GOOD MORNING: How much violence should be seen on television — either real or fictional? You’ll soon see what you didn’t see televised on the O.J. Simpson criminal trial and you’ll see or hear what you didn’t see or hear during the civil trial — where television was barred in that Santa Monica court. It was all revealed, both on film and live, Monday night at the DGA when HBO screened its docu, “Juror Number 5: 58 Days of Duty on the O.J. Simpson Civil Trial” followed by a first time meeting of Juror No. 5, Deena Mullen, with plaintiff Fred Goldman, his attorney Daniel Petrocelli, plus KNBC’s legal reporter Manny Medrano in a panel femceed by CNN’s “Burden of Proof” cohost Greta Van Susteren. The audience participation following the screening and panel discussion proved that these trials (of the Nicole Simpson-Ron Goldman murders, five years ago, June 12) will be topics of criminal, legal, and moral debates for a long time to come. Goldman said he had wished the civil trial had been televised so the entire world could have seen the horror of the murders unseen in the criminal trial. Attorney Petrocelli disagreed. HBO agreed to make this film because they, too, believed the horror and brutality had not been told or shown. Goldman and his daughter sat in front of us at the DGA theater and they shook emotionally during many of the scenes. Goldman said he wished “the criminal jury had seen the case presented so clearly (as the civil).” Petrocelli called the criminal trial “more of a media event.” Of course, in the criminal trial, the defendant did not have to testify but in the civil, the plaintiff (Goldman) had the right to force the defendant (Simpson) to testify. They all believed the judge in the criminal trial also allowed theatrics that were not allowed in the second. Goldman also said that the criminal trial’s defense attorneys “belong behind bars along with their client.” They all felt this HBO film is an important contribution to help balance the cause. In case you wondered, the Goldmans haven’t collected anything from Simpson despite the verdict. Juror Mullen is a remarkable woman. She is a lighting and scenic designer — and made countless drawings during the trial that are shown in the docu — in addition to the close-up photographs of the victims, plus dramatic portraits of an accused Simpson. And Mullen’s dramatic verbal descriptions made the evidence totally visual. The talented Mullen became obviously emotional at the finale and admitted she still has nightmares. She is currently designing sets for Eric Overmeyer’s “On the Verge” at the 24th St. Theater and lighting David Lindsay-Abaire’s “The Devil Inside” at the White Fire Theater.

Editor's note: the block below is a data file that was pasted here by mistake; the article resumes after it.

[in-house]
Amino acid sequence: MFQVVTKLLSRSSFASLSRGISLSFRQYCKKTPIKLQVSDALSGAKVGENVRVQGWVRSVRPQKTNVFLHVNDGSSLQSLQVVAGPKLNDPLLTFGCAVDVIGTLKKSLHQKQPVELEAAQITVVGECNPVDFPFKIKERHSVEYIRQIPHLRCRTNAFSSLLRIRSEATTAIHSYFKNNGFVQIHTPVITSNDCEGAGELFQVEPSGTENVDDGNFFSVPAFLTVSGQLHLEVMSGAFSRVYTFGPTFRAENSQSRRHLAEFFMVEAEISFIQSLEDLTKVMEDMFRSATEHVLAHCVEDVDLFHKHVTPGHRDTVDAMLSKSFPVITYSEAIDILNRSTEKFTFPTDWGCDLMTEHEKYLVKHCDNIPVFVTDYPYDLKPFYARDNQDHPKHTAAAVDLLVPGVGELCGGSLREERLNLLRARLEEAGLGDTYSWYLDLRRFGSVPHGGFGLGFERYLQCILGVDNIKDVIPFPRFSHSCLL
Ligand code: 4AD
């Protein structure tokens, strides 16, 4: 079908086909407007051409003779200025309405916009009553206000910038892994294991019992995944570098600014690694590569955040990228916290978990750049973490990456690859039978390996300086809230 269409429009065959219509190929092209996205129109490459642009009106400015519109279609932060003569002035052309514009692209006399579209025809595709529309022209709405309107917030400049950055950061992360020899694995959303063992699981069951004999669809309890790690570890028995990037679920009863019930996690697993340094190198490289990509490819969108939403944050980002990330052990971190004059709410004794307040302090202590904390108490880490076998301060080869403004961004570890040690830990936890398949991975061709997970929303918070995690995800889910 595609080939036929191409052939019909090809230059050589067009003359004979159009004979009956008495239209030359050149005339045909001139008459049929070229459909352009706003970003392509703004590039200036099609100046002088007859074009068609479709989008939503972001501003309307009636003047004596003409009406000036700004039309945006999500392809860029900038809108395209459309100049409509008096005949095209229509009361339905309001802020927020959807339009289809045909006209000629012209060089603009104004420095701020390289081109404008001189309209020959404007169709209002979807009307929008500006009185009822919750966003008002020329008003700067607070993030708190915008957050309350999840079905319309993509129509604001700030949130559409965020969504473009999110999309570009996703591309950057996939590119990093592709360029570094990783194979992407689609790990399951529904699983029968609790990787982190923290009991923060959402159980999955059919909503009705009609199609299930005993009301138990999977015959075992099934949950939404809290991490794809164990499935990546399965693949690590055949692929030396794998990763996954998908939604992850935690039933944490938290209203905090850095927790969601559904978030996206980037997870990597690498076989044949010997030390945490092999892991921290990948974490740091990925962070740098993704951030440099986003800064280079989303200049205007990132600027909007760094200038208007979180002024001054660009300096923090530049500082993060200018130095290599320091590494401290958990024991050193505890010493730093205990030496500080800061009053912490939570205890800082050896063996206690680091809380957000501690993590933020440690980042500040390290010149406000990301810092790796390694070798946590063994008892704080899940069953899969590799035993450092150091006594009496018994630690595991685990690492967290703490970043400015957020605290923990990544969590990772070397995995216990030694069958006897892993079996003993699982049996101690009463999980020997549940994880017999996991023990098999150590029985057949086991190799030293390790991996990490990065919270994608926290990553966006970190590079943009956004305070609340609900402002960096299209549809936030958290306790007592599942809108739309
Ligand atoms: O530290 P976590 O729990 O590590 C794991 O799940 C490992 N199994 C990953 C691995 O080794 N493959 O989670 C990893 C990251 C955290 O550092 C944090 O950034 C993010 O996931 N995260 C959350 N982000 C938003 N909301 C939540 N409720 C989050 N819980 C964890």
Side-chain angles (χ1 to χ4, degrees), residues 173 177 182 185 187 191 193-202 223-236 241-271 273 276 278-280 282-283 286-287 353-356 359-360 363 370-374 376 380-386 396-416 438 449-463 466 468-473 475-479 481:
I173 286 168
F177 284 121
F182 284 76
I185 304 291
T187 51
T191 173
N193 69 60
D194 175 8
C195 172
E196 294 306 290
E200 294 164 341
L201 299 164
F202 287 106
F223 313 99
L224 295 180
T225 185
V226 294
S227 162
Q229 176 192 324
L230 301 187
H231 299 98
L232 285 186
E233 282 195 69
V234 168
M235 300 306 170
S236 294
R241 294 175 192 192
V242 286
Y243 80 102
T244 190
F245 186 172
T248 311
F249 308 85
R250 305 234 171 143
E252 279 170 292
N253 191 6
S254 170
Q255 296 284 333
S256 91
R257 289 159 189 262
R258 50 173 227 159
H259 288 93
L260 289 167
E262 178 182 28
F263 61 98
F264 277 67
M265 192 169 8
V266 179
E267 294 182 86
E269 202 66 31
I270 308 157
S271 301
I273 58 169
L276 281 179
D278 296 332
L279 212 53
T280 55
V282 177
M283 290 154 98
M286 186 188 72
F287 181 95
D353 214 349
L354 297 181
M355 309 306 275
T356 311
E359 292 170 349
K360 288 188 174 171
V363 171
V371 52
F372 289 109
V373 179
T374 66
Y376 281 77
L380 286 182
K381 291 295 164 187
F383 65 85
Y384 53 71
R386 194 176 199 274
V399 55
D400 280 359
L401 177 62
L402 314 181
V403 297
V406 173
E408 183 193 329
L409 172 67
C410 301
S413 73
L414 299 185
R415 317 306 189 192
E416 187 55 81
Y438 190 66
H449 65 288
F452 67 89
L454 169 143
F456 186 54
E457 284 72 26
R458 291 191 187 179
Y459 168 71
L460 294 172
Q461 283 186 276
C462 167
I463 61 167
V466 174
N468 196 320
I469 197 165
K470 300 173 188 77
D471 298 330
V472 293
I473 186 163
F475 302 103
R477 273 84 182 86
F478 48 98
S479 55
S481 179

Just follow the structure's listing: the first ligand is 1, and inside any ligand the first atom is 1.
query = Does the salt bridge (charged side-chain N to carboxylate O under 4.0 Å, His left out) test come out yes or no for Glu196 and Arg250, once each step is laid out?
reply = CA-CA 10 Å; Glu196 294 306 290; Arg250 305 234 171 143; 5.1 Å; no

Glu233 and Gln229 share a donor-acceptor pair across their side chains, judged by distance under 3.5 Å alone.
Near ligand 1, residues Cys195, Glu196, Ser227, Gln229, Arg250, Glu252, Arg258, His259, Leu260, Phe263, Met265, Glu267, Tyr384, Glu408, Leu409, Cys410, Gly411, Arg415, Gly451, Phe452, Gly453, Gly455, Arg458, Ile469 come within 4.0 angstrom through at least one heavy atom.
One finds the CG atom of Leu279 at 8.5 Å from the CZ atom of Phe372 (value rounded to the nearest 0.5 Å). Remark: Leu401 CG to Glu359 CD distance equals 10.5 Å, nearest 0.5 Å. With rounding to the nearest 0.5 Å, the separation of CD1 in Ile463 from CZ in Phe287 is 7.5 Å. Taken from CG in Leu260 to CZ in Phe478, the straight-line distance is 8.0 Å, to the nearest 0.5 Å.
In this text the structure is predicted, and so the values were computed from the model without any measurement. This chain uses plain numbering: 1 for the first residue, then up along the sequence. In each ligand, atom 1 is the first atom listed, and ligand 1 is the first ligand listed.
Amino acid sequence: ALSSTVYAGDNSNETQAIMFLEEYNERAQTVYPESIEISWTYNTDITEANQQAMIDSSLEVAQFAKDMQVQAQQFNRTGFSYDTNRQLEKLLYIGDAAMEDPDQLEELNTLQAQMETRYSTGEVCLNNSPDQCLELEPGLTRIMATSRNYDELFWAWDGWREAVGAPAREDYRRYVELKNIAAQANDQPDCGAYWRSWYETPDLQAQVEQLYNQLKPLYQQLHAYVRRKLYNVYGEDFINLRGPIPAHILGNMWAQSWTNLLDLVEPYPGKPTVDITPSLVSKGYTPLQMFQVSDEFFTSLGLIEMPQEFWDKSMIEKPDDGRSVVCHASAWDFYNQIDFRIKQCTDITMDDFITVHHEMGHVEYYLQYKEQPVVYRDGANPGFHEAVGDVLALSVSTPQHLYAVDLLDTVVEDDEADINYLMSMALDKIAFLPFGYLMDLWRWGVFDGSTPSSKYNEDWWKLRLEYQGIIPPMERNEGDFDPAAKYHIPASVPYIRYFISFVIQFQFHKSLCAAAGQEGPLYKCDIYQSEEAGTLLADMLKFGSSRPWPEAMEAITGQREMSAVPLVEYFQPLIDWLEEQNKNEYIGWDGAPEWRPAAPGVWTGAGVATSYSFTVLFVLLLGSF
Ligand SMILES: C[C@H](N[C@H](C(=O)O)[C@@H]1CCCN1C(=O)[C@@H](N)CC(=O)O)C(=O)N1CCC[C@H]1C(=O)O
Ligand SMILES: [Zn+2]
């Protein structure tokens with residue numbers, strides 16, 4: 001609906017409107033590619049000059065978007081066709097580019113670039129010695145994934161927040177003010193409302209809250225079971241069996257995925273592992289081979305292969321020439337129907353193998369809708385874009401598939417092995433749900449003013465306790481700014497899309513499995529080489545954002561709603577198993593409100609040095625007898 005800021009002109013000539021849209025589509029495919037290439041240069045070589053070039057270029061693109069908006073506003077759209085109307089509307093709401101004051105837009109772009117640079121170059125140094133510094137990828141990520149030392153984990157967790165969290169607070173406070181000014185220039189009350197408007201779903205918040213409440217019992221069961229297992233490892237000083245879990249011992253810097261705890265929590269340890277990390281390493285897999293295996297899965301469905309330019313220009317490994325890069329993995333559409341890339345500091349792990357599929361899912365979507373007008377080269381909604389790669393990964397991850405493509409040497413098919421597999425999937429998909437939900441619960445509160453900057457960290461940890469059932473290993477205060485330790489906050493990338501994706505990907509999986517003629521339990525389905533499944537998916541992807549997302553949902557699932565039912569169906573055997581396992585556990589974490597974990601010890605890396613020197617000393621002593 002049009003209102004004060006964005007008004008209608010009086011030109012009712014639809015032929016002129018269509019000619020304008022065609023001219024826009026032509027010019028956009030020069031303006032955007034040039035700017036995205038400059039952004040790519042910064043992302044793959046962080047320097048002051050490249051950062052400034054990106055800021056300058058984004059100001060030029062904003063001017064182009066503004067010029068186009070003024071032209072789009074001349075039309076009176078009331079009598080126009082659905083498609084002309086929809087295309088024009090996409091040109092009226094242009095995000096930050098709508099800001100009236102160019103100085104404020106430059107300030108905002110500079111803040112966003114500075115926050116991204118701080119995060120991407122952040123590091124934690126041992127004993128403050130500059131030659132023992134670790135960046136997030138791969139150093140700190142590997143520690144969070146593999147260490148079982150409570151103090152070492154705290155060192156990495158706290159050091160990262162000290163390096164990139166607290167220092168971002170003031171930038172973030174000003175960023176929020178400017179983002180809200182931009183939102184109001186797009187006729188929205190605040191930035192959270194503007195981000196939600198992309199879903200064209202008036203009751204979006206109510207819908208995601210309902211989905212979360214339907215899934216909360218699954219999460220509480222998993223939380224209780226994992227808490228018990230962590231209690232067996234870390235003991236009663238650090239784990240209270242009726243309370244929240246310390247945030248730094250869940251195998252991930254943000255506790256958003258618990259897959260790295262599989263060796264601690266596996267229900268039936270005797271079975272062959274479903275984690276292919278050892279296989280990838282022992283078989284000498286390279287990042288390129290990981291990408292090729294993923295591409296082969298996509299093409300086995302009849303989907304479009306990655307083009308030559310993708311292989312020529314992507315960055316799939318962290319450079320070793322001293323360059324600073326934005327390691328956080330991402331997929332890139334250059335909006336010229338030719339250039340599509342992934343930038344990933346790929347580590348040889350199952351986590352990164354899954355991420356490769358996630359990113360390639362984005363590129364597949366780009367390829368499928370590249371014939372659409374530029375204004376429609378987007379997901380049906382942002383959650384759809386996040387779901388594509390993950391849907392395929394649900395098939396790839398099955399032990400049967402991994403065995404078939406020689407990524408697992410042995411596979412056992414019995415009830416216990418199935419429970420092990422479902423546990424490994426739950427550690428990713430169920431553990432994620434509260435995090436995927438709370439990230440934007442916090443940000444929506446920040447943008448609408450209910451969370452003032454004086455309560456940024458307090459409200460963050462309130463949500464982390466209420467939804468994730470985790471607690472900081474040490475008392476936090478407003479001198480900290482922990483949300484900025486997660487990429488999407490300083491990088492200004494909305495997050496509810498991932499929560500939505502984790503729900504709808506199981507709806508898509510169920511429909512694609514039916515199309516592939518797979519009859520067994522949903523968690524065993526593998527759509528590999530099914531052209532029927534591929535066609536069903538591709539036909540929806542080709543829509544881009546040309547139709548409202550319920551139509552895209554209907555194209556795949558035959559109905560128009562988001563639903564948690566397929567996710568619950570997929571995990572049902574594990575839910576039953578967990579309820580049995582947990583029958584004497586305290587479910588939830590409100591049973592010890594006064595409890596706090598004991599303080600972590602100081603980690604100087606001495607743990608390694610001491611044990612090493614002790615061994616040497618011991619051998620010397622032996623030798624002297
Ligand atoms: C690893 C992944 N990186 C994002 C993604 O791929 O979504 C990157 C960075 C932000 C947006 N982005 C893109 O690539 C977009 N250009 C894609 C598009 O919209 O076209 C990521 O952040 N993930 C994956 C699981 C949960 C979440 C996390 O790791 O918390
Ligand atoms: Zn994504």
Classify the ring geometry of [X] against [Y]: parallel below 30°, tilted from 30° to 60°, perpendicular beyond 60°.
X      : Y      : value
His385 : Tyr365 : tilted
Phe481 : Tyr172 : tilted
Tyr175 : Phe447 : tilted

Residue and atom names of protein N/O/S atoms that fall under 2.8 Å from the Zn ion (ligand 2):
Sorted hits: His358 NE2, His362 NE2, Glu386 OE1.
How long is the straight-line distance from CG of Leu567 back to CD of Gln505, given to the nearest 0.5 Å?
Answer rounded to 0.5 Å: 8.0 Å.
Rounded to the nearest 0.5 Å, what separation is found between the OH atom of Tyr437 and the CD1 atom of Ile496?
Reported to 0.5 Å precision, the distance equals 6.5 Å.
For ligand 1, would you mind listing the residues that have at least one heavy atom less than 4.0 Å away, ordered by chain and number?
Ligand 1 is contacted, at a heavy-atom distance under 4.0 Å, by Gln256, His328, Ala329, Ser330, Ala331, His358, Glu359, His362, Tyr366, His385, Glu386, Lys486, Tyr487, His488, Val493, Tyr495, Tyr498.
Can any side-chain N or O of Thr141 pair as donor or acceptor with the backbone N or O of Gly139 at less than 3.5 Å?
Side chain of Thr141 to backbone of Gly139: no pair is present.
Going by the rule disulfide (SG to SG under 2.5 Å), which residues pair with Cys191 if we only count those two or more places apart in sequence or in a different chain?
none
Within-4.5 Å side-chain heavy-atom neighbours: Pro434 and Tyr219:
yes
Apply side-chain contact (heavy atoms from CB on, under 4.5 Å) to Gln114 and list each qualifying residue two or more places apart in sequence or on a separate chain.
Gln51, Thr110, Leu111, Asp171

ATTORNEY PETROCELLI, 20 years with Mitchell, Silberberg and Knupp, allowed that his firm spent $6 million on the case — of course receiving nothing in return. They just wanted to do it. (Petrocelli lost 30 pounds during the trial!) His law firm has represented many show business clients (studios included) over the years. Among them today are Harvey and Bob Weinstein’s Miramax and Petrocelli is currently representing their “Dogma” feature which the Weinsteins bought back from Miramax to shield Disney from accusations by Catholic groups. Petrocelli’s seen “Dogma” and says he doesn’t feel Kevin Smith’s pic is anti-Catholic … “Juror Number 5” debuts Tuesday on HBO. The unique evening screening was presented by HBO’s John Hoffman of Sheila Nevins’ docu unit, and Randy Barbato, the pic’s director-producer (with Fenton Bailey of World of Wonder Prods.). There were six other jurors in the audience — agreeing with Mullen’s presentation of the trial. The emotional evening finale’d with much-welcomed supper by Celia Hollander’s Food Works.
ALL IN THE FAMILY: Edward Norton, directing his first feature, “Keeping the Faith” for Spy Glass/Disney in Union Square, was visited on the set by director Gregory Hoblit, directing his New Line “Frequency” two blocks away. Hoblit gave Norton his first feature role in “Primal Fear.” They proximity of the two pix is a blessing for Howard “Hawk” Koch — he’s producing both pix … Lyricist Hal David receives the British Academy of Composers and Songwriters’ first Ivor Novello International Achievement Award Thursday at London’s Grosvenor House. It’s the Brit music industry’s premier honor for songwriters, composers and music publishers. Oscar and Grammy-winner David is a past ASCAP Pres. and current board member … The Verna Harrah clinic at UCLA is dedicated today. It is designed to assist victims of rape with a safe and private environment … Dustin Hoffman spent the day with students at UCLA’s School of Theater, Film and TV — from morning till late afternoon telling them their ” mission in the 21st century is to tell stories of the human condition” … The invite reads: Donnie and Joe Smith wish they were inviting you to the wedding of their son Jeffrey Duke (Smith), but alas, no. At least he wrote a book about weddings and marriage titled “Life Sentence.” “We’re celebrating the release with a (he’s still a) Bachelor Party” — Thursday (27) at Spago, BevHills. P.S. The book’s funny, too … While Susan Lucci won her Emmy — after 19 nominations — composer Earl Rose finally won with his first — after 12 nominations. His next project is an album “Color, Rhythm and Magic,” a tribute to music from Walt Disney Studios’ classic animated movies to be released on Varese-Sarabande.